When it comes to drawing portraits, many artists tend to overlook the importance of accurately depicting the subject’s ears. We often rely on facial features or other distinctive characteristics to recognize individuals. However, learning how to draw an ear and understanding its structure can greatly enhance your artistic skills.
The intricacies of the ear, with its numerous bumps, valleys, and folds, may initially seem daunting and complex. But fear not! Mastering the art of drawing an ear becomes much simpler when you learn to simplify its intricate shapes. Take a look at the example image below to get started.
For this easy ear-drawing tutorial, you’ll need the following materials:
- Blending stump
- HB Derwent pencil
- 4B Derwent pencil
- Canson Sketch paper (Note: I used Canson Sketch paper instead of my usual favorite, Canson Bristol Paper, as I ran out.)
Step 1: Outlining the Ear’s Shape
To begin, outline the general shape of the ear. Pay attention to proportion by ensuring that the bottom part of the ear (ear lobe) is slightly smaller than the top part (helix). Not sure where exactly to position the ear on the head? Click here to find out!
Step 2: Capturing the Bumps and Folds
Next, depict the ear’s bumps and folds. Draw two curves to represent the primary folds within the ear. The first curve should extend from the middle to the top of the ear and can be either smooth or jagged, depending on your desired effect.
Ensure you leave a small amount of space around the edges. The left side of the curve should gently curl toward the center of the ear.
The second curve should emerge from the first one and resemble a teardrop shape. Extend this curve upward to form a flap called the tragus. Remember to leave sufficient room at the bottom for the ear lobe.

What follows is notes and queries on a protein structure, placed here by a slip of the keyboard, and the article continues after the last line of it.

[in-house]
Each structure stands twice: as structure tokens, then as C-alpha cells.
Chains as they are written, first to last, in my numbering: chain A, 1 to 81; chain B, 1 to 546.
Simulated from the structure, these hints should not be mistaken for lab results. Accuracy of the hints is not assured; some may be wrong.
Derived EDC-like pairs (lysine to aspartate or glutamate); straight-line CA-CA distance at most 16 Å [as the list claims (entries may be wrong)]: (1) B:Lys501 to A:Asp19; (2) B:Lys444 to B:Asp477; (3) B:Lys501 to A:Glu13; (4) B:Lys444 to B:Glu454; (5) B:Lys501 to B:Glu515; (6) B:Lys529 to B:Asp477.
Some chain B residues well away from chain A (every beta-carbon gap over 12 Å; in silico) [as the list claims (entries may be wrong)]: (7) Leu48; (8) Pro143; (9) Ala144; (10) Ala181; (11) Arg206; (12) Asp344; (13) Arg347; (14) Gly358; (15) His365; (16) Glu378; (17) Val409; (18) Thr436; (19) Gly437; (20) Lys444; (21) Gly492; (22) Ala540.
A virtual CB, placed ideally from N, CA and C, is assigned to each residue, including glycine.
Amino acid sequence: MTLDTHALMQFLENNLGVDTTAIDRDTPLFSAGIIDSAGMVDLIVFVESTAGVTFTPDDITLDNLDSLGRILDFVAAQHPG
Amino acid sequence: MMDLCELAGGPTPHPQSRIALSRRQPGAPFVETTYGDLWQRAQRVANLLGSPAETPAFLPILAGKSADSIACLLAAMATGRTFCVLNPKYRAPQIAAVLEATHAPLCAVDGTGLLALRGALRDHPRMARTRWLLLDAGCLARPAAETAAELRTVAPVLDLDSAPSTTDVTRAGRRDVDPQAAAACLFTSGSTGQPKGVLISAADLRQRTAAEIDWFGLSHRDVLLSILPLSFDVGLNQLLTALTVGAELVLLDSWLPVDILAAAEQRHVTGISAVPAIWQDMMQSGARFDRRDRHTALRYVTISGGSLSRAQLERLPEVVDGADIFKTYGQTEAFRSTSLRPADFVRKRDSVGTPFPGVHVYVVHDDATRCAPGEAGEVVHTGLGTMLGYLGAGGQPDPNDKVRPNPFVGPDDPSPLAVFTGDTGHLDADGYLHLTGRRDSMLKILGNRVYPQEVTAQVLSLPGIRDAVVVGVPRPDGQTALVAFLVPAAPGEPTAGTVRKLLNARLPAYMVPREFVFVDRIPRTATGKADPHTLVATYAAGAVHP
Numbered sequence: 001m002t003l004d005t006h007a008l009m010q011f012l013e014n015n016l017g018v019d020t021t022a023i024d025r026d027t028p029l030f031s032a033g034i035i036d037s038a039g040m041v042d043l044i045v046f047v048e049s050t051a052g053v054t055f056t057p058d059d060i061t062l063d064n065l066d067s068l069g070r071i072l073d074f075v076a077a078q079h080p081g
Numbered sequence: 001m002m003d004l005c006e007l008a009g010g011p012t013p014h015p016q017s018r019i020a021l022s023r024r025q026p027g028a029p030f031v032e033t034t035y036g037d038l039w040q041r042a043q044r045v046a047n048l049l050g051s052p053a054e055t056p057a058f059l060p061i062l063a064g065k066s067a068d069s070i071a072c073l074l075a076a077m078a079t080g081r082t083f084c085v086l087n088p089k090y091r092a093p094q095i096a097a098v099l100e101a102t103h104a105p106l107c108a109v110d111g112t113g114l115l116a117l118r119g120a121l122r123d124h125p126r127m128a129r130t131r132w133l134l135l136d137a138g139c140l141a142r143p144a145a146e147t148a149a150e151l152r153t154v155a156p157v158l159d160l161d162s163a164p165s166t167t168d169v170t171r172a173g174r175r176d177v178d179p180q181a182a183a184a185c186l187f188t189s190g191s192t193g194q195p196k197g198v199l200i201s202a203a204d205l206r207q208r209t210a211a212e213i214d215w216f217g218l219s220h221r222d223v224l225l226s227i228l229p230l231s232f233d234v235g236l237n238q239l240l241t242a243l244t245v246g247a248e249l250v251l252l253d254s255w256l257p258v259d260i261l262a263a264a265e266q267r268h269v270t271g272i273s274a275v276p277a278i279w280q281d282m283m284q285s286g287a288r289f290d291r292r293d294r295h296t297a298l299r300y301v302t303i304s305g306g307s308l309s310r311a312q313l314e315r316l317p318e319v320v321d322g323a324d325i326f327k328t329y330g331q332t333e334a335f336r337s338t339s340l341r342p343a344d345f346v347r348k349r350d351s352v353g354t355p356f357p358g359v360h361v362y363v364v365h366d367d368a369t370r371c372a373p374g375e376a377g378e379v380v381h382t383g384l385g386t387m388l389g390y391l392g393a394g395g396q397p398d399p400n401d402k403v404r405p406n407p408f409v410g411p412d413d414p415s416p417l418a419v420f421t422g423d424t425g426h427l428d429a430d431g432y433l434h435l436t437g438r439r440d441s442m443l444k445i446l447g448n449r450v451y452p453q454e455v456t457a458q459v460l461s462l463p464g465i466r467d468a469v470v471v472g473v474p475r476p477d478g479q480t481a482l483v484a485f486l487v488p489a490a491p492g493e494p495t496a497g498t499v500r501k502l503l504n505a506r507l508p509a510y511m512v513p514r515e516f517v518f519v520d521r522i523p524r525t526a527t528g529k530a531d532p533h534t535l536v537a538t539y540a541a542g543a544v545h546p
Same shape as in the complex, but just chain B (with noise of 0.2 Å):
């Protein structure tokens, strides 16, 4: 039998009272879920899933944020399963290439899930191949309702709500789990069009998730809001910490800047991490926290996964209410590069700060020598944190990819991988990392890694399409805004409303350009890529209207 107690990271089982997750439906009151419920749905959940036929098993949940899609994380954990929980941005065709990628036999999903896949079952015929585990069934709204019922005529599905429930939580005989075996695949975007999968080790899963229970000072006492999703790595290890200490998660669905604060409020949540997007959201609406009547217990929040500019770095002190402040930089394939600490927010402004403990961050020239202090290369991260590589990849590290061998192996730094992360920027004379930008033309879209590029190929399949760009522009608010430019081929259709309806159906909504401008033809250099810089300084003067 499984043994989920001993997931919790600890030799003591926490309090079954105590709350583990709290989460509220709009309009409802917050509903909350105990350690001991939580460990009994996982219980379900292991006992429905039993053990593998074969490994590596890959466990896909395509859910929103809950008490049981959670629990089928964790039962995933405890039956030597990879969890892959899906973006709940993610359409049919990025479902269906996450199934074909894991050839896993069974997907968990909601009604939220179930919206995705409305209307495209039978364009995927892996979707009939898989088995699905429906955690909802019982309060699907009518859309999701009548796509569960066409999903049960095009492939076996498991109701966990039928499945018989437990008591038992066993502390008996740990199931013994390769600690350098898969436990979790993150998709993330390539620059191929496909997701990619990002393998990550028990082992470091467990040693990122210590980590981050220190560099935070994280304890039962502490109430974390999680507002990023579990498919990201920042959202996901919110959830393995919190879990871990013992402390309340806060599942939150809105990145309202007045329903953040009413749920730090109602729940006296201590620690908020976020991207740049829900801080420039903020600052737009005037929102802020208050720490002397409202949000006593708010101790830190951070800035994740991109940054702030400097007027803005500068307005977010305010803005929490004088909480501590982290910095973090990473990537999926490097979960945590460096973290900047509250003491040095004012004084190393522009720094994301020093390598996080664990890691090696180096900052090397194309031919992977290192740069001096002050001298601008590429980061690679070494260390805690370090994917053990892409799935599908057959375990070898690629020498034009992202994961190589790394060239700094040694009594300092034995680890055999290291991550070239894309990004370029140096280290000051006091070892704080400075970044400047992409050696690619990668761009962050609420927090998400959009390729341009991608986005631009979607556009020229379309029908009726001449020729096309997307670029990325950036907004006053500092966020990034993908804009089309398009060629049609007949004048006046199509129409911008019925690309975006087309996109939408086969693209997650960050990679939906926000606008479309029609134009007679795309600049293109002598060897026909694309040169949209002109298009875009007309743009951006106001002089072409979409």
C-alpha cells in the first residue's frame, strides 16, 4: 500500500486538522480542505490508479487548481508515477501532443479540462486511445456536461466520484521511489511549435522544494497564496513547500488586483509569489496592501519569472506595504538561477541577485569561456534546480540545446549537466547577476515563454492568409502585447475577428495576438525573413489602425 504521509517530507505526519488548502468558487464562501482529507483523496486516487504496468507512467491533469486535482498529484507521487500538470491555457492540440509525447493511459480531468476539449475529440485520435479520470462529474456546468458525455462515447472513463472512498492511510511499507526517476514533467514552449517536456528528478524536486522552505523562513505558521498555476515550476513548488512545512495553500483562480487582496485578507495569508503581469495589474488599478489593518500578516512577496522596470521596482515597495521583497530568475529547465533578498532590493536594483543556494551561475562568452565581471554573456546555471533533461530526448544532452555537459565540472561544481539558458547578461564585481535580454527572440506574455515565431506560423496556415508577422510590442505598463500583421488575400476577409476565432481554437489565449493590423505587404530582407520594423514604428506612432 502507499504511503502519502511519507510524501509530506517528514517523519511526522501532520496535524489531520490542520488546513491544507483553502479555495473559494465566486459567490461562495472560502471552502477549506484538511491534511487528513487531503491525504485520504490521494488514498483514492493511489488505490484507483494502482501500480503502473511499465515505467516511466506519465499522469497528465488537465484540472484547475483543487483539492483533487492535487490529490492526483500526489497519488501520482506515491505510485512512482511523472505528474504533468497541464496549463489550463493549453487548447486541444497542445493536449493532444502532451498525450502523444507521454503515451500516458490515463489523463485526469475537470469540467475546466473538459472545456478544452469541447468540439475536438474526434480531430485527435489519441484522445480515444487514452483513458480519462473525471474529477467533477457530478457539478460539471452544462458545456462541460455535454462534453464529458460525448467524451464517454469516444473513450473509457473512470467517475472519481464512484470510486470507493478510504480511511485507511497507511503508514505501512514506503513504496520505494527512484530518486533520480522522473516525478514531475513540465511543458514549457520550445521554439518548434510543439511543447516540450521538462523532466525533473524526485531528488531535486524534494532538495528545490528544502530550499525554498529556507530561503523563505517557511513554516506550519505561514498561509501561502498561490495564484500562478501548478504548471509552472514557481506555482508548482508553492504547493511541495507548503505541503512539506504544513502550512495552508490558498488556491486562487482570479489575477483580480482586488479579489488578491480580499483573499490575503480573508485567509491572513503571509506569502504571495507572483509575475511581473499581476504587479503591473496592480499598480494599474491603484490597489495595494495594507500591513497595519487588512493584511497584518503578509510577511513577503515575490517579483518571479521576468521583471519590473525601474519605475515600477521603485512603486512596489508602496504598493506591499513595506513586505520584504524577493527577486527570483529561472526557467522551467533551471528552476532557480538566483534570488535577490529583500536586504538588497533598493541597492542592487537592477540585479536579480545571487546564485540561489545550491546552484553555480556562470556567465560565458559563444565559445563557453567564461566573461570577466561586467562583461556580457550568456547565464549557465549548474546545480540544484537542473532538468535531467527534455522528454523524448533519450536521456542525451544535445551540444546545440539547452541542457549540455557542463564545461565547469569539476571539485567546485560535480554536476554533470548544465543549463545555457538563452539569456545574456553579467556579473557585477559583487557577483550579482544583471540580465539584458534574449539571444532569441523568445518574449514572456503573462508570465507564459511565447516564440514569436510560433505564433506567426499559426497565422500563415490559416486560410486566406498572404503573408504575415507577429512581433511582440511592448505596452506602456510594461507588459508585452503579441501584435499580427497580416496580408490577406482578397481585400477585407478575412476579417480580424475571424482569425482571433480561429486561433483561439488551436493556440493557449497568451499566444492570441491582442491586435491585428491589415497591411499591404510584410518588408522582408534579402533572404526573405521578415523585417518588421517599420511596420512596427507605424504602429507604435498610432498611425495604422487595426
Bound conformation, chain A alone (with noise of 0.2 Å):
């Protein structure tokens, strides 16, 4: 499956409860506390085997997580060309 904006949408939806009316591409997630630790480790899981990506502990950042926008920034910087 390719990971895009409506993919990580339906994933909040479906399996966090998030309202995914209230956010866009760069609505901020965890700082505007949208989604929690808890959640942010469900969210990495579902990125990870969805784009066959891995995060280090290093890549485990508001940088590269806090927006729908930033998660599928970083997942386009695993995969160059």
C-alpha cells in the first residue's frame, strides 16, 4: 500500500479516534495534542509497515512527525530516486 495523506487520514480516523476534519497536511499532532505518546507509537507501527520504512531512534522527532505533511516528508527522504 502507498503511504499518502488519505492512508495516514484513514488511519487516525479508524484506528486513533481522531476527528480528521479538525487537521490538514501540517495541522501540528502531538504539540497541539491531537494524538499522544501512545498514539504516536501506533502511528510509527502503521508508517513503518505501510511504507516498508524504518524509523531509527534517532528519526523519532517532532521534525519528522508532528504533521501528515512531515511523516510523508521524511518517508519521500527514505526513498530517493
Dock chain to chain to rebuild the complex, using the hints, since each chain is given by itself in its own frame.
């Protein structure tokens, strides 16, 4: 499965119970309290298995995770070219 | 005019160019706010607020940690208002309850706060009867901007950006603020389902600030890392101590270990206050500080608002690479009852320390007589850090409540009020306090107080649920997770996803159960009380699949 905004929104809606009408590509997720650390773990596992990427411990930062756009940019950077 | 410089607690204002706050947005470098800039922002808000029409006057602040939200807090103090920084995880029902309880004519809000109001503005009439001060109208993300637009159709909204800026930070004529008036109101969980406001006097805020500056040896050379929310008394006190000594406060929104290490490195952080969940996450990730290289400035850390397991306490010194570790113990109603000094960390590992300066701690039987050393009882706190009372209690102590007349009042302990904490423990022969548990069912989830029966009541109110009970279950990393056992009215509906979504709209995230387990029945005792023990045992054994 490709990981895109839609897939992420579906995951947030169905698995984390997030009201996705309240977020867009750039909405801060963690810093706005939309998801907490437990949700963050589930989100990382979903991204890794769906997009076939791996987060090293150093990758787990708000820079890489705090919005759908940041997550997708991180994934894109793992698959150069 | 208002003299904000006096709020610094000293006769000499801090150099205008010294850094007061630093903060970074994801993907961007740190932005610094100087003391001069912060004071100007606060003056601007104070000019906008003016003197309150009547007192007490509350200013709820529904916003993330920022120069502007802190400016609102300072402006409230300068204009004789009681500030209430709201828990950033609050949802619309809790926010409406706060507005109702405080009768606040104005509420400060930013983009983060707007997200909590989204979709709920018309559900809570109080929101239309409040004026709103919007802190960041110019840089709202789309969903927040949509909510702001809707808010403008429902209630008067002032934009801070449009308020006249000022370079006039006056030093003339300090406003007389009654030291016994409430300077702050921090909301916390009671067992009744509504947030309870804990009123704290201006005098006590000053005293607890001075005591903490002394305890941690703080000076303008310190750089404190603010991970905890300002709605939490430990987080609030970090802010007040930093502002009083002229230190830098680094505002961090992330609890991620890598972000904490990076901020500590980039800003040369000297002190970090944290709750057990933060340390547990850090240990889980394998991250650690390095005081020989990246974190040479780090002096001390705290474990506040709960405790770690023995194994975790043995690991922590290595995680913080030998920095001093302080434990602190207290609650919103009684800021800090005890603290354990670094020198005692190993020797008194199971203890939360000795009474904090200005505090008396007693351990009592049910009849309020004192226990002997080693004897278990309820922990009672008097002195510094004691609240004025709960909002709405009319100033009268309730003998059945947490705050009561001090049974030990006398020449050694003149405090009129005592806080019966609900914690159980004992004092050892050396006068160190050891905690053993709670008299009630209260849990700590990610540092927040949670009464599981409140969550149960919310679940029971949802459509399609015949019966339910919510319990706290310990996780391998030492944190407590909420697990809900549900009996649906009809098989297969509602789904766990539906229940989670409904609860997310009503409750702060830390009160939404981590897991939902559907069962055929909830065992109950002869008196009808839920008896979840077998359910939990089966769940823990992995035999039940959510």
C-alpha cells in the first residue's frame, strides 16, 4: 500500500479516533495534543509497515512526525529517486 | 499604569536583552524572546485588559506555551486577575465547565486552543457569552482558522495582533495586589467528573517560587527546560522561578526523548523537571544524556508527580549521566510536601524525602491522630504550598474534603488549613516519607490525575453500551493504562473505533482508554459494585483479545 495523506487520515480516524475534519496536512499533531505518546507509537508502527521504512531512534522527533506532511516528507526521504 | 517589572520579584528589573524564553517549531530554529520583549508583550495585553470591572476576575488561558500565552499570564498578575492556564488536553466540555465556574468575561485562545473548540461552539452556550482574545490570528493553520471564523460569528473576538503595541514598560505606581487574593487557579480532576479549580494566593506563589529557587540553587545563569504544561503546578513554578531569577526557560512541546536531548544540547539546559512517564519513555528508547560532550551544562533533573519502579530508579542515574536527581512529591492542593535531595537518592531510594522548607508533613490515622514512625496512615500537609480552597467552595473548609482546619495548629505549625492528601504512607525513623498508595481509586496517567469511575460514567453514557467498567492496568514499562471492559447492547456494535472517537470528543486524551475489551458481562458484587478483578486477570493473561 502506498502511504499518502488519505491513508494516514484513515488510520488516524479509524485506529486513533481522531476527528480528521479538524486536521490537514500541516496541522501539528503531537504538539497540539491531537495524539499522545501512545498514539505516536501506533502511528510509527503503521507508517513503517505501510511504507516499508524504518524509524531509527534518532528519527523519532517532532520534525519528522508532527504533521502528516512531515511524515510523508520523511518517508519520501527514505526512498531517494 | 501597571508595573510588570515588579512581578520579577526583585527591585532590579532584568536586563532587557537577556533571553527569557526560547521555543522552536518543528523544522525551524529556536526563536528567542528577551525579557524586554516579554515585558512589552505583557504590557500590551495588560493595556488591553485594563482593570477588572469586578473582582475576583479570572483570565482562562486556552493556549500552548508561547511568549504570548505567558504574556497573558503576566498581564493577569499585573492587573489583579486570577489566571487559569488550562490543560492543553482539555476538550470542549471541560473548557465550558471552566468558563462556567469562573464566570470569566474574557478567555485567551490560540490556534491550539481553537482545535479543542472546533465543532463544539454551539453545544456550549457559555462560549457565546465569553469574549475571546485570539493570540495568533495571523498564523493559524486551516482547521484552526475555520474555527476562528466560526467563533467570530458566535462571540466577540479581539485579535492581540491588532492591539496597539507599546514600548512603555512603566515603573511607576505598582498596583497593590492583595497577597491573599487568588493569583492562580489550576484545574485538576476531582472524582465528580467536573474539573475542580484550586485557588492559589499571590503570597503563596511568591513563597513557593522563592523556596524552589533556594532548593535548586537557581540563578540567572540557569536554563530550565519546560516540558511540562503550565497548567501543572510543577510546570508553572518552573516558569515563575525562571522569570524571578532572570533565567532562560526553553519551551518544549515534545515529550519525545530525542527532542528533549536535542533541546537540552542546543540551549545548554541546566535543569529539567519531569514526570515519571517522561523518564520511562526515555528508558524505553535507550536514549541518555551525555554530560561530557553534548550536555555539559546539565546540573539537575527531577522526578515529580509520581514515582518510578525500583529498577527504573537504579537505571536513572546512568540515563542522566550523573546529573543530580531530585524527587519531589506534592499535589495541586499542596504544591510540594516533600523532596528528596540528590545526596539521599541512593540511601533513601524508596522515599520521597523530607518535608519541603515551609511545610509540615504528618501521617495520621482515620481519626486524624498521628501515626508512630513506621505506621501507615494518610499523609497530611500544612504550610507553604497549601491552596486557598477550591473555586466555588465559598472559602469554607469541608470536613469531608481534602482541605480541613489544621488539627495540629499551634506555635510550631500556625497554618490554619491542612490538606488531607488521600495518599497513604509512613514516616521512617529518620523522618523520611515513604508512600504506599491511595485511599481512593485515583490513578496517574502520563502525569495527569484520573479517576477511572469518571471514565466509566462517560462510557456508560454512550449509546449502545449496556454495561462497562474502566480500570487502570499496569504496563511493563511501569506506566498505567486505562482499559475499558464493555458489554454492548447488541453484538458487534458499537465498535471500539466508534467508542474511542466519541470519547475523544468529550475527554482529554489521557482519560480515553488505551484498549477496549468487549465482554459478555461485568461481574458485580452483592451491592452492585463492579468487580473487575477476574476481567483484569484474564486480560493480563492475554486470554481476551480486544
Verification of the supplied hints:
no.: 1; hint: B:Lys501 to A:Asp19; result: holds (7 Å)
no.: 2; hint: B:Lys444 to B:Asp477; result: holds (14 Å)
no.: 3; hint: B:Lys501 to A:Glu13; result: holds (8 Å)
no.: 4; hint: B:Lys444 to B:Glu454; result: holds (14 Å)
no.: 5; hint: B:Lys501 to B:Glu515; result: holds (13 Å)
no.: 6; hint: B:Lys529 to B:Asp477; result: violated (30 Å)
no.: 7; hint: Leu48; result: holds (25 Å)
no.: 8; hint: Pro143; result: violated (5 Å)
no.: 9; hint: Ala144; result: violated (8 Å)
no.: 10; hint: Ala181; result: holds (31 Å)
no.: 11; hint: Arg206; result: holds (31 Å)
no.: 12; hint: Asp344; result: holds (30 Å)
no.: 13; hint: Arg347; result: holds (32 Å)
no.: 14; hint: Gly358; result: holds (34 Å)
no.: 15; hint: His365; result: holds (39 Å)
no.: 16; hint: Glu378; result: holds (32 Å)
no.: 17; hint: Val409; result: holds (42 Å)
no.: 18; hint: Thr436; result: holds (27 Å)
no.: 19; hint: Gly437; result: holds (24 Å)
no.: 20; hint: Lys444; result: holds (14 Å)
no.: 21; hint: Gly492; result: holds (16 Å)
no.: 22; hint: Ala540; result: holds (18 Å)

Step 3: Preparing for Shading
In the initial stages of this tutorial, I mentioned three main shapes within the ear. We addressed two of them in Step 2. The remaining shape resembles the letter ‘y.’ You can either trace the ‘y’ shape lightly or visualize it for reference.
Determine the direction of the light source and use soft lines to indicate where the deepest shadows will fall. These areas correspond to the prominent folds and valleys within the ear. In this example, the light shines from the left side.
If any shadows intersect with the ‘y’ shape, ensure they align with the ridges, bumps, or valleys.
Step 4: Applying Dark Shades
Using a 4B pencil, shade the areas outlined in the previous step. Remember to deepen the shadows in the recessed parts of the ear while keeping the bumps lighter. For guidance on shading techniques, click here.
Step 5: Adding Mid-tones and Highlights
To create mid-tones, use an HB pencil to shade the remaining areas of the ear. Keep in mind that the bumps should appear lighter, while the valleys should be darker. For a seamless blend, use a blending stump to smoothen each section individually. Use a kneaded eraser if necessary to highlight the lightest areas of the ear.
If you found this brief tutorial on drawing a human ear helpful, please share it with your friends! What’s next? Learn how to incorporate the ear into a facial portrait here.